sprinkle pink ombre cake

It’s been oh-so-long since I posted about food matters on here, so I made sure this one was worth your while. Two of my best friends, D+J, are magical friends who happen to share a birthday. Well, almost. They are a day apart, but it works out so well because we have an excuse to celebrate their birthday in big style every year. For us, this means feasting. A lot of feasting.

I don’t really consider cakes within my repertoire of baked goods. Cookies? Absolutely. Pies – for sure, and getting better all the time. Cupcakes, yup. But cakes – nope. Probably because baking a cake for two people is just an invitation to early onset diabetes. And I don’t love cake THAT much, probably because I’ve had one too many slices of Costco slab cake at work parties. Hell, even at my wedding, we did a dessert table of small Whole Foods cakes because fondant gives me the shivers and even thick buttercream kind of disgusts me.

But, I’m always interested in learning something new, and last year I made a cake for D+J’s birthday that, to be honest, left a little to be desired. It was a riff on the 11 layer Smith Island torte, and I ended up doing 8 layers because it just got too crazy after 6 and 8 was pushing it.

I did not think to level it, and my ganache frosting was thick in some areas, thin in others. In transport from Canmore to Calgary (in a milk crate because I’m an adult, god dammit) it kind of began to tilt. Oops. Still delicious though. And obviously, lots of room for improvement, which is great.

My cake carrier is in Edmonton so this is how the cake traveled to Calgary from home. Almost there!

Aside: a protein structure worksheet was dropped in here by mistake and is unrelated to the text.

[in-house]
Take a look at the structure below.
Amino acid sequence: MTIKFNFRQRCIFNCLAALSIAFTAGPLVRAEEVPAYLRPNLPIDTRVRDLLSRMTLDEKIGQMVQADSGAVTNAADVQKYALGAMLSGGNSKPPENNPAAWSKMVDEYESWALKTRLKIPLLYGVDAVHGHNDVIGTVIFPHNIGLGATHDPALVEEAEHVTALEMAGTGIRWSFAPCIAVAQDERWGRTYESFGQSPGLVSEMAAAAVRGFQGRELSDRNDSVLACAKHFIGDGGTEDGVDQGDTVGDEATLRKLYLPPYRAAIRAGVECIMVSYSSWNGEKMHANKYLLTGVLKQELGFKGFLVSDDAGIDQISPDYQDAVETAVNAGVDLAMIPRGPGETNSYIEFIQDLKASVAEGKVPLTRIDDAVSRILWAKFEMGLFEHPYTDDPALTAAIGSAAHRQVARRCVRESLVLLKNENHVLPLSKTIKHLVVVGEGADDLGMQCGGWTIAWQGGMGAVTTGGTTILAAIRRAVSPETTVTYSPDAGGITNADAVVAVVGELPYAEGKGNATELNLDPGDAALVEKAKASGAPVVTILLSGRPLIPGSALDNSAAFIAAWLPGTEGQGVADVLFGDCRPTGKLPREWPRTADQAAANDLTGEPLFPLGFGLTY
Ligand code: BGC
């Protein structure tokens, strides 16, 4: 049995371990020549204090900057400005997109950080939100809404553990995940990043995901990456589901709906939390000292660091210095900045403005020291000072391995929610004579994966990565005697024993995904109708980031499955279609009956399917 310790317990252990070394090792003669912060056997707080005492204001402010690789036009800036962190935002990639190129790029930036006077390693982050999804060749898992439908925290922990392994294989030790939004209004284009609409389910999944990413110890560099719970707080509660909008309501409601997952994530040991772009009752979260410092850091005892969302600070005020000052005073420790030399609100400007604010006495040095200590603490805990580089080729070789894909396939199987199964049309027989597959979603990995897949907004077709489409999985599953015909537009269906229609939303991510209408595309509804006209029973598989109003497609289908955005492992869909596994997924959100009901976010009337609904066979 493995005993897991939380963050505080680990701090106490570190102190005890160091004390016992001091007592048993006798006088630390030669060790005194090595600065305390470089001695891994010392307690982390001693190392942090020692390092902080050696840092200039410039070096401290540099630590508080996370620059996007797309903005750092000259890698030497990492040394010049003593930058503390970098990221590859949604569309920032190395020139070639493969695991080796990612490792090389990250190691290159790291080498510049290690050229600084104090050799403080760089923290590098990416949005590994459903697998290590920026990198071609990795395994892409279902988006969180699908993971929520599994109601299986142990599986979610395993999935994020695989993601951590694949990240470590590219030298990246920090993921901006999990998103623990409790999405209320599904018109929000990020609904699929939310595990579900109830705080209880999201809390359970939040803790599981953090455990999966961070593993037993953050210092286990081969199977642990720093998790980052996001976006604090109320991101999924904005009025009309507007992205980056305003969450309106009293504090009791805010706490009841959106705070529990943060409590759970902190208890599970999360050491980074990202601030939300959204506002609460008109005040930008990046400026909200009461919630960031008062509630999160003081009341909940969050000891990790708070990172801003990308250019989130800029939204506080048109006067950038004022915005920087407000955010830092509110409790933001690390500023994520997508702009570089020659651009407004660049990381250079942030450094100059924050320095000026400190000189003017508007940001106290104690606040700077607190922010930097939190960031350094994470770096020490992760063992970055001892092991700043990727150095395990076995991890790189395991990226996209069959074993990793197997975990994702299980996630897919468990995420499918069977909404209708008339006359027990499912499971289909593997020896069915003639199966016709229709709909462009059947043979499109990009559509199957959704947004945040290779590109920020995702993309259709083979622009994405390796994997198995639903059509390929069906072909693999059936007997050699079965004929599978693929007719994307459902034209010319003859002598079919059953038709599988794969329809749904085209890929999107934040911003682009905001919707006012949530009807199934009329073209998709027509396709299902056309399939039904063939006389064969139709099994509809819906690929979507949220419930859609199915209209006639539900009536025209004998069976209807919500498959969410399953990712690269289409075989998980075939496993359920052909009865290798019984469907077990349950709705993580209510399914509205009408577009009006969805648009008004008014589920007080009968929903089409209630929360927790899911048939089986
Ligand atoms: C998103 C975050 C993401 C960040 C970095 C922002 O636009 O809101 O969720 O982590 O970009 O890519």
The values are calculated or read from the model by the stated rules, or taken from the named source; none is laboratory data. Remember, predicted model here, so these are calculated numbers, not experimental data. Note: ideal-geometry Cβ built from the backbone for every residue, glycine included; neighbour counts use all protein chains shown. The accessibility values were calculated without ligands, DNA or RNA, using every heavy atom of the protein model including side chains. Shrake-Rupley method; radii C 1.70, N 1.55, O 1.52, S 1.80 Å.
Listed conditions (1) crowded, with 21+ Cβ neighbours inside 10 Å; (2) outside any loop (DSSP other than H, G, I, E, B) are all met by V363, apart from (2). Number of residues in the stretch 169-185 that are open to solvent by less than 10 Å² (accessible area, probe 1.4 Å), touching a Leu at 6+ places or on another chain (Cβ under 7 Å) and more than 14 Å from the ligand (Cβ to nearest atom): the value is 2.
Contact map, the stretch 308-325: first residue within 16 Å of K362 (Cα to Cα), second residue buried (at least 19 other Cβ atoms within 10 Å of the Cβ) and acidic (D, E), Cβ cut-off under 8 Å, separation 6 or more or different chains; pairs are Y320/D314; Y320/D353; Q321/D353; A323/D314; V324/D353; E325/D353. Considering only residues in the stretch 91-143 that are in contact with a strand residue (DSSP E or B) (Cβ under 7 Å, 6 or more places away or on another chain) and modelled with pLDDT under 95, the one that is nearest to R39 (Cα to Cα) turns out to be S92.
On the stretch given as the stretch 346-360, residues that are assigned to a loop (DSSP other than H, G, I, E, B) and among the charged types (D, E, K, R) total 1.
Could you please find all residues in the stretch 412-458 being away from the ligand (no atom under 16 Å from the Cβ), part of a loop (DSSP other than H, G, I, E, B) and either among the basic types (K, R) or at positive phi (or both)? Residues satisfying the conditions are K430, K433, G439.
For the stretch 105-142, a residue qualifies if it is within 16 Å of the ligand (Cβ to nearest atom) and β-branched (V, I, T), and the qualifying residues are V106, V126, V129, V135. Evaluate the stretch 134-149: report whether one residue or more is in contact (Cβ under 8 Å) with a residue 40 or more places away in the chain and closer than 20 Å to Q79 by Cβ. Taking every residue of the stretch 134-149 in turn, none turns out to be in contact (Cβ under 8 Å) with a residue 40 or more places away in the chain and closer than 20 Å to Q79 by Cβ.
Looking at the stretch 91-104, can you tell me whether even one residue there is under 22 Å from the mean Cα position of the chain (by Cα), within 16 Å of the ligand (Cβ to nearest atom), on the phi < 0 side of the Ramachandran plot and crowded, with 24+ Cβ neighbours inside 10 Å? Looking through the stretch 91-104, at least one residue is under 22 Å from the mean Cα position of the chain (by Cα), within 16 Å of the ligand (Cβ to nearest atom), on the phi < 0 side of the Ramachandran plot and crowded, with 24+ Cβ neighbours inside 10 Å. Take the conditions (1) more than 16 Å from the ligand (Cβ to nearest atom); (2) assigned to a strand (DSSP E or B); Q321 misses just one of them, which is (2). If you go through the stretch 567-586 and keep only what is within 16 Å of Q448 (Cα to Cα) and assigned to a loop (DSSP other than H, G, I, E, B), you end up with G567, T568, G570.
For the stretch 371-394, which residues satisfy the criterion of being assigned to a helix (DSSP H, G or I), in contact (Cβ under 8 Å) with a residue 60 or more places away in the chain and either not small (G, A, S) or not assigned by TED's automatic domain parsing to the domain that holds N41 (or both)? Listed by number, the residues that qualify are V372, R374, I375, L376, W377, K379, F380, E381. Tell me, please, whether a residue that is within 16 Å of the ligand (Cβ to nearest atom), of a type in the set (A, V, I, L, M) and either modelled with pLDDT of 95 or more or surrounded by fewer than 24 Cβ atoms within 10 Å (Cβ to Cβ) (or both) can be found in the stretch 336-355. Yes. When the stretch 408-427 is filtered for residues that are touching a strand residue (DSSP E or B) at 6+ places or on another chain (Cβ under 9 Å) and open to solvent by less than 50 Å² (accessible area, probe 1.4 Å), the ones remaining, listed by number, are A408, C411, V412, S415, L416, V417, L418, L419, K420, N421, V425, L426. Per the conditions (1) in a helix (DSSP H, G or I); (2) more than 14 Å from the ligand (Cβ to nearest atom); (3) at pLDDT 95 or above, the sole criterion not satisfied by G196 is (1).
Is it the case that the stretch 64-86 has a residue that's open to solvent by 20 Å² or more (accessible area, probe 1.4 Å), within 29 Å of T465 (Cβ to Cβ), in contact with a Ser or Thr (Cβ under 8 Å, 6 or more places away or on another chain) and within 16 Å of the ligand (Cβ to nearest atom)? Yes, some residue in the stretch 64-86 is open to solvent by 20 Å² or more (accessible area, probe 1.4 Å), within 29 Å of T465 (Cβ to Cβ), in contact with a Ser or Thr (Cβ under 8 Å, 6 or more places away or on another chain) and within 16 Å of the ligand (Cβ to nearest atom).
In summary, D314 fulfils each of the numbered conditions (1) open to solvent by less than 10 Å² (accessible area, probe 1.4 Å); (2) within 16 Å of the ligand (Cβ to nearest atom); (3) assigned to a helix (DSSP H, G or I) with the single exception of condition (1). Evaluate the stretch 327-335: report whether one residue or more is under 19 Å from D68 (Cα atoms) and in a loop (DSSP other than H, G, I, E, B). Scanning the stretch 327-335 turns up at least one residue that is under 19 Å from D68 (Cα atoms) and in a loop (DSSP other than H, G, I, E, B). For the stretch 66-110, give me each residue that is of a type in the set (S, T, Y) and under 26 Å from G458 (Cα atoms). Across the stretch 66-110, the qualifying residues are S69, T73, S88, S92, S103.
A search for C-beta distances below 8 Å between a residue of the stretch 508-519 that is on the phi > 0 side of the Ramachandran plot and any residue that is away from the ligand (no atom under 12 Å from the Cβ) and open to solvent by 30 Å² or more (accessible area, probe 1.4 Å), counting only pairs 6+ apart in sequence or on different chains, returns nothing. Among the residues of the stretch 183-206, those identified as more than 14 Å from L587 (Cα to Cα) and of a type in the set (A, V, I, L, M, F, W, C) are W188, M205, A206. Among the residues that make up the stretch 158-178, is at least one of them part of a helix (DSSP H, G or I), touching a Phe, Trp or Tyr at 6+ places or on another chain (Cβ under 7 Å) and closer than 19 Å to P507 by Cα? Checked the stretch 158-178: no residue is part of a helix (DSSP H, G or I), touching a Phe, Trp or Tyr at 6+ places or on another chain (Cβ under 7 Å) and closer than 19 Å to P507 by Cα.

Last year’s cake carrier set-up

I have always been obsessed with all things ombré and love the look of heavy applications of sprinkles, so this year I decided to make a basic vanilla cake with buttercream. I did this all without a KitchenAid or even a hand mixer (stupid, stupid) and without a cake leveller, but everything worked out well.

I think the cake was a bit too buttery and sticky as I prefer crumbier cakes, so I might change up the cake base recipe. Also futzing with the red food dye was the worst and I am going to be investing in gel if I ever do this again as I looked like I had an election red-inked finger.

I worked with two different batches of batter, the first one doing the yellow and lightest pink, adding the food colouring a drop at a time. Three for the lightest pink, and 12 for the darkest. It was easy to get the color gradient, although I likely would go darker with the red base layer next time, even if I need to add cocoa to get it to go dark dark red. The two bottom pinks kind of shade together, I think.

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Levelling the cake layers was serious business, obviously.

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Even without a mixer for the buttercream, it really was a dream to work with. The butter added richness and the shortening kept it light and also very white in color. 2 entire pounds of icing sugar, but never you mind that. Birthdays are meant to be icing sugar heavy, right?

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7 minutes plus another 7 whipping it by hand at each stage. Those calories burnt during manual whipping and creaming just allow you to sample as much icing as you like though. Right?

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And also thanks to YouTube I now know how to level a cake, dam, fill and crumbcoat it before icing, then douse it in sprinkles. Although it turns out rolling probably is the better way than the press and pack method I did.

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Sprinkle Cake - Crazy White Girl with a Kitchen

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I upgraded this year! No more milk crate, instead, a bankers box to transport the cake to Calgary!

Sprinkle Cake - Crazy White Girl with a Kitchen

The moment of truth! I was way too excited to see the inside, as there was no way to judge how it looked until that moment. As you can see, the two bottom layers kind of look the same.


It is no doubt I will be finding sprinkles all over my kitchen until 2015, but it was worth it and the cake both looked pretty and tasted okay, too. Happy birthday, D+J!

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